”Different society now, more shootings, more violence, more drugs,” Elliott said. “The whole moral structure is breaking down. As I’ve heard over the years from people on the streets, ‘I’m here one day, and could die the next.’ The structure of the family has gone down. There’s a lot of good families out there, but there’s a lot of kids growing up in a non-structured environment. A lot of times, kids join gangs because they don’t have structure in their life, and this way they feel a part of something.”

But Elliott hopes to combat that. He wants to get more deputies into the schools to visit with students, and steer them away from the bad influences into the right direction.

Faced with rising crime, it’s an uphill battle for law enforcement, let alone the U.S. Marshals. On a daily basis, the Marshals have deputies that handle custody of federal inmates, protect judges, apprehend fugitives, seize criminals’ assets, and protect witnesses.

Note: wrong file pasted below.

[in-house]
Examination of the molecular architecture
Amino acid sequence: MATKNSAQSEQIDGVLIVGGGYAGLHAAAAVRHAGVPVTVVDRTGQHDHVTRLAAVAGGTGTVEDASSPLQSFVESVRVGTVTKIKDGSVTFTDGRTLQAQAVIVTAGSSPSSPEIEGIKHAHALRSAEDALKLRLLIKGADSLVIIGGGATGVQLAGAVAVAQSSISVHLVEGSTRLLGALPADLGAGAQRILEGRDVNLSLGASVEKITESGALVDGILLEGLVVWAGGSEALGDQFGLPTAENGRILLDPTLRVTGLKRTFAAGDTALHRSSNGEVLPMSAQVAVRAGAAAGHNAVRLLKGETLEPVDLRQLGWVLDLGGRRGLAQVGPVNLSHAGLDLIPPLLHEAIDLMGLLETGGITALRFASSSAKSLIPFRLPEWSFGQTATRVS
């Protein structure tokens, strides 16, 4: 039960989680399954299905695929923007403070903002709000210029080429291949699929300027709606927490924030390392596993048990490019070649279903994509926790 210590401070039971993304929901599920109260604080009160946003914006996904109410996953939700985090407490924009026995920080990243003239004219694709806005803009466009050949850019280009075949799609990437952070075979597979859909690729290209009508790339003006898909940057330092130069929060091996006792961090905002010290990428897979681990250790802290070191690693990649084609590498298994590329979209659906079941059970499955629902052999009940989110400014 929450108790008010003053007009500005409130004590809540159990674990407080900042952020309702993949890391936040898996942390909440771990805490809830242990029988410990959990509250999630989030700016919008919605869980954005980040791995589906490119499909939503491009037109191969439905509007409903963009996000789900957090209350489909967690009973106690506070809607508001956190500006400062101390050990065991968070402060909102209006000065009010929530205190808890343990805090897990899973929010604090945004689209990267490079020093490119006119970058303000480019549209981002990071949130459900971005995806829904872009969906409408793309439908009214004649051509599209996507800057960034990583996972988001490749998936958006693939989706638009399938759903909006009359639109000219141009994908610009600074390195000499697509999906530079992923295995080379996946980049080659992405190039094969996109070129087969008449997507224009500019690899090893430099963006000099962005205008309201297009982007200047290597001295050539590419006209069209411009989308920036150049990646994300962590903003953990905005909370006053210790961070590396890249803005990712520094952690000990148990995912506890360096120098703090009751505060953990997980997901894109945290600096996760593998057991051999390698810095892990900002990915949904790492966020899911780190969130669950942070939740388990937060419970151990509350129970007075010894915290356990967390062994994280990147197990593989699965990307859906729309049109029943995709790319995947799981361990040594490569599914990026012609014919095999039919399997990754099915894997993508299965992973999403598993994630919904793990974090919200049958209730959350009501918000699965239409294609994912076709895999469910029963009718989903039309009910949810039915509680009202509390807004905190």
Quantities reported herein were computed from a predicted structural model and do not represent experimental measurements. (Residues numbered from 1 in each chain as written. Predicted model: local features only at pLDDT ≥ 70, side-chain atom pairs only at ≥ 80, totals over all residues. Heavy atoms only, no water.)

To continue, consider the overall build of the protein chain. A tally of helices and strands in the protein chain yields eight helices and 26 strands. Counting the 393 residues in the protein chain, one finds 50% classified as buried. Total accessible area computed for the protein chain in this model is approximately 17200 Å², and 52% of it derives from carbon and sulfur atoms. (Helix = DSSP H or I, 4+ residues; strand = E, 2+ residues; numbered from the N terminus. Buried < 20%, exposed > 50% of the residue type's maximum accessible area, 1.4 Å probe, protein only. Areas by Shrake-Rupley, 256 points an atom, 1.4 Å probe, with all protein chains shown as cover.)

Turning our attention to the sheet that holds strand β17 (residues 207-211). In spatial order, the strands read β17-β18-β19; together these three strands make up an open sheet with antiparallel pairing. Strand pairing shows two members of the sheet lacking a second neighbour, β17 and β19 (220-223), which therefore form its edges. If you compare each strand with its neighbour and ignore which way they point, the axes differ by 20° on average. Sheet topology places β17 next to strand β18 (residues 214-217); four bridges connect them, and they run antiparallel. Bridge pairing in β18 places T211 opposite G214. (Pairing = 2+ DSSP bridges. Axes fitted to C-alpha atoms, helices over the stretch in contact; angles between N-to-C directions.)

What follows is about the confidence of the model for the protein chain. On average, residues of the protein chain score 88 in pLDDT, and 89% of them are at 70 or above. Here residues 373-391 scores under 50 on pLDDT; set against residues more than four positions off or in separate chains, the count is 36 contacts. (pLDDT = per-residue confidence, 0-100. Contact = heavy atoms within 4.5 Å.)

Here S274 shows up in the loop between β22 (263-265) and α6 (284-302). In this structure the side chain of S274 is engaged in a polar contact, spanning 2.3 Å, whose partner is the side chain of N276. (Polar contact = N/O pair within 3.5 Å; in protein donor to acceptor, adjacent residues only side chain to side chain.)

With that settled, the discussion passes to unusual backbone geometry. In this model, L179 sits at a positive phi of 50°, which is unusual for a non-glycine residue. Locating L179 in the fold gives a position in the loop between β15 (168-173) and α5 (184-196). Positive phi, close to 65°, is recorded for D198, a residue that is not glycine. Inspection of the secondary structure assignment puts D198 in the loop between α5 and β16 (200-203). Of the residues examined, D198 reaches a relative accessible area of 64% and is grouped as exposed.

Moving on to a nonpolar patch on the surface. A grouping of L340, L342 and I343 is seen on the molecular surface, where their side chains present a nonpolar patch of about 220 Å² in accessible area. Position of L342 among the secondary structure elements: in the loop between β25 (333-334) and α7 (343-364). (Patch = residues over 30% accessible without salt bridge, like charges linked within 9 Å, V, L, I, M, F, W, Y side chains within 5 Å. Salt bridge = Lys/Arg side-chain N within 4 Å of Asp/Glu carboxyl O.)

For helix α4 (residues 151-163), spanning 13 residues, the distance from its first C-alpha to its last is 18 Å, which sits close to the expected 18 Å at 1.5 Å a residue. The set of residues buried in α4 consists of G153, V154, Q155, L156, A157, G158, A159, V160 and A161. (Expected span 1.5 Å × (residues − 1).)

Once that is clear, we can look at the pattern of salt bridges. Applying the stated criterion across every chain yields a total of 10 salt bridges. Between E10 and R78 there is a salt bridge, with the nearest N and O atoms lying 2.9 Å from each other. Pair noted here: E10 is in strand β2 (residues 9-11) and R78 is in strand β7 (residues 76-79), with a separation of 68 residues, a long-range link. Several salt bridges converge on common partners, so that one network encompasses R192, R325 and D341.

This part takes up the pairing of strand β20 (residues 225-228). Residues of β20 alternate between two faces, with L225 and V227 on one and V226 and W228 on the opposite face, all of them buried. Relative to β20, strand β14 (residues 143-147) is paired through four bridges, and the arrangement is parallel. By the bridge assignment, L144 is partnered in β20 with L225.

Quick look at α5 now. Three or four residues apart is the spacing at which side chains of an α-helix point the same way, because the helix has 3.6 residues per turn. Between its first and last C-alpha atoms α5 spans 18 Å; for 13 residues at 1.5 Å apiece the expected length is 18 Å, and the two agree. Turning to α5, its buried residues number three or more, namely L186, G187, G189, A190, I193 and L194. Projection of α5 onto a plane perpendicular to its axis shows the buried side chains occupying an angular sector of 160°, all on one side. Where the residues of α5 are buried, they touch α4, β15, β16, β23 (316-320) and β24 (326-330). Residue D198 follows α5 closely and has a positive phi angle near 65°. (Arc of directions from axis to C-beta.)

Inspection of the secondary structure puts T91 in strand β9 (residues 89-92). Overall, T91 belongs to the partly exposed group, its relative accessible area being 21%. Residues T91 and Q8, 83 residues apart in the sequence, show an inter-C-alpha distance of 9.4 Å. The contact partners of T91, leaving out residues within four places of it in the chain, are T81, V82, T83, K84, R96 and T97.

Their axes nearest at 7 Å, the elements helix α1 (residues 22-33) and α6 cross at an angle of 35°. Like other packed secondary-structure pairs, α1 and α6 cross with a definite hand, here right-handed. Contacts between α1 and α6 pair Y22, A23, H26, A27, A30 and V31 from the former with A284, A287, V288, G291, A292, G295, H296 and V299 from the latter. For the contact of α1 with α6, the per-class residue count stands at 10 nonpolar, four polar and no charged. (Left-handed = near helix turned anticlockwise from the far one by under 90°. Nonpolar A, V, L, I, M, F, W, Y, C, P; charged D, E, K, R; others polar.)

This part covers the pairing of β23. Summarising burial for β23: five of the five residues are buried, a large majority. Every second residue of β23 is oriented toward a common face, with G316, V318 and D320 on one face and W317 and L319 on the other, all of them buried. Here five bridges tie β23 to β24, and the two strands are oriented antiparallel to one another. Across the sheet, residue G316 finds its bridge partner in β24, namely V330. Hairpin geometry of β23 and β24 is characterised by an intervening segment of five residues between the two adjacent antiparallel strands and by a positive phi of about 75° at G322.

While the Violent Fugitive Task Force helps, Elliott also utilizes the help of the media. Think back to the billboards or segments on the local TV news. If you can picture the Fugitive of the Week, the Dangerous Dozen, or the Agonizing 8, you saw mug shots of fugitives that the Northern Ohio Marshals are actively looking for.

Getting these flyers and mugshots out into public eye does work. Elliott said tips come in because people care about their community.

“We’re never satisfied,” Elliott said. “It’s another day. Even after Bobby Thompson, we said great job and we were onto the next day. No shortage of bad people, but the good people outnumber the bad, and that’s why we continue to get tips and tips and tips.”

If you have a tip, visit:

[ In the coming weeks, look for more entries from Colin McDermott’s web series about the world of U.S. Marshals of the Northern District of Ohio.]